When I first saw Claws of Furry, I thought to myself, that looks charming at least. I mean, a game about cats beating up rats and other enemies of their species. It sounded like a delightful multiplayer beat em up with some cute aesthetics. However, what I found was an incredibly unbalanced and wonky beat ’em up where even the adorable premise couldn’t redeem the final product.
To start Claws of Furry, you go through a very brief tutorial section where you learn the controls. A giant mecha dog captures the dojo master and after a quick back and forth he is off with your trainer. Then there are three different modes, arcade, rogue, and pussycat. Arcade is the typical horde style mode where you try to defeat as many enemies as possible. Rogue is the primary mode that takes you back to the start if you die, and Pussycat is the main mode again, but your saves will keep you at the level you were on if you die.
As I started, I thought to myself, “I am pretty good at video games so I will try out the first mode.” After a couple of levels, I was met with repetitive combat and some frustrating level design that ultimately led me to back out of this mode and going to the one that kept my save point. The only way I would imagine anyone getting very far in this game mode would be if they had three other friends to play with because trust me, you do not want to have to play some of those levels ever again.
The first couple levels throws some rats and mega rats (that is what I am going to go with) at you. Not to difficult. Once you defeat all the enemies in the stage, you will proceed to the next level. About three levels in, the first boss battle occurs. This was one of the most repetitive boss battles I have ever encountered. This boss is a small mouse, controlling a gigantic and muscular rat. You must jump on top of the big rat and hit the mouse before the second stage of the fight occurs. After defeating the mouse, the colossal rat will bust off his shirt and then either call some minions to help defeat you, try to punch you or charge you. Besides the not so great platforming and the lackluster amount of combat capabilities, this was where my first major concern with Claws of Furry happened.
The only way to defeat this boss was to charge up the super and use it against him. Normal punches would only take an abysmal amount of health away so it would take literally probably hours to go that route. So, this left me jumping from each side of the room punching the rat minions that were called to build up my super so I could do a little bit of damage on the boss. Repeat this for about ten whole minutes and finally, the boss will be defeated. The repetitive nature of this boss battle set a precedent for the rest of Claws of Furry.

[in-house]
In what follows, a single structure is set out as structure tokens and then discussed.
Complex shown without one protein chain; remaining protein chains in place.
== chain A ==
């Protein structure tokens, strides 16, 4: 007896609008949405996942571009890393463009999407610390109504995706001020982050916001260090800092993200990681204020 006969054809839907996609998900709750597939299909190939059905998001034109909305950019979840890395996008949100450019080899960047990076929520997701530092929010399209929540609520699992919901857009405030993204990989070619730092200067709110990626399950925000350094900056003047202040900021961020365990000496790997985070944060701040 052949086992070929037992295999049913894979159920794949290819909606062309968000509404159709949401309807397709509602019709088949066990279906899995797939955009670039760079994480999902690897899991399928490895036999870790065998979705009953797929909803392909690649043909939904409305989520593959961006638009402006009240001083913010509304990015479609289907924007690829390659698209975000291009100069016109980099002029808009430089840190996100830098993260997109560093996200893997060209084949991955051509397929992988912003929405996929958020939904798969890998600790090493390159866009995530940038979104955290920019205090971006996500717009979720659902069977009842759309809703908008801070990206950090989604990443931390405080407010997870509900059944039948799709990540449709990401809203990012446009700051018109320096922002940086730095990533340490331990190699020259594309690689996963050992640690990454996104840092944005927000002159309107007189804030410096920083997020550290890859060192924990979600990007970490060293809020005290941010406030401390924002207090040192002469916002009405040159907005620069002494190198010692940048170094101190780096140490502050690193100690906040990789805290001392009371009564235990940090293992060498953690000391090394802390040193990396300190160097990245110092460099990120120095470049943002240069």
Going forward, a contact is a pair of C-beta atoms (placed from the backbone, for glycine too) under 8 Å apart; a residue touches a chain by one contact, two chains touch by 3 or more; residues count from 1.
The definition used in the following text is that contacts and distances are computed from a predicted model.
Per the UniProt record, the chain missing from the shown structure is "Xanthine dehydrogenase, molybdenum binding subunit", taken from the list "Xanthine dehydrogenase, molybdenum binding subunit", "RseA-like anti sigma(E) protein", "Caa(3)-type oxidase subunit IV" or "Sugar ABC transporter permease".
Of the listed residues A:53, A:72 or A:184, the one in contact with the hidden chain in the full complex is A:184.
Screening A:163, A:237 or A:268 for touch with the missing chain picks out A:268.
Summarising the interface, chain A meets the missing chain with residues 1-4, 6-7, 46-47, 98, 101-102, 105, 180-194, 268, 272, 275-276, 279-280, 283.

On top of this frustrating boss design, some of the level design and enemy placement was equally as frustrating. In the second area of Claws of Furry, there are crocodiles that will jump vertically of the water below to try to hit you. However, there are also other enemies on the platforms that jump horizontally to try to cause some damage. So, after trying to jump over those enemies, the camera wouldn’t show what was beneath you and ultimately would end up with getting hit by something jumping out of the water that you couldn’t even see in the first place.
Now, this could actually lead to some fun gameplay if you were playing with a group. The random Mahem of New Super Mario Bros led to some awesome moments so I can see Claws of Furry having the same effect.
There didn’t seem to be any depth to Claws of Furry at all. Each level was just filled with a bunch of enemies that must be defended or maybe a boss battle and that is really it. Jumping around and clawing enemies to death got old pretty quickly and when that is the main mechanic of the game, that is not a very good sign.
The controls might be one of the only redeeming factors in the game. The movement feels tight and jumping from platform to platform was done at ease. Your character never feels too floaty and I was never but into one of those situations where I knew how to control something but Claws of Furry wouldn’t let me. The fluidity of your movement was actually quite surprising compared to the rest of the game.
While the charm of a side-scrolling beat ’em up where cats beat up their mortal enemies sounds very cute and appealing, that initial feeling is quickly taken away. After each level, I was left never left with satisfaction. I just felt glad it was over with. Claws of Fury might be a little more entertaining to play with a group of friends, but if you don’t have any friends to play with, you might take a pass on this one.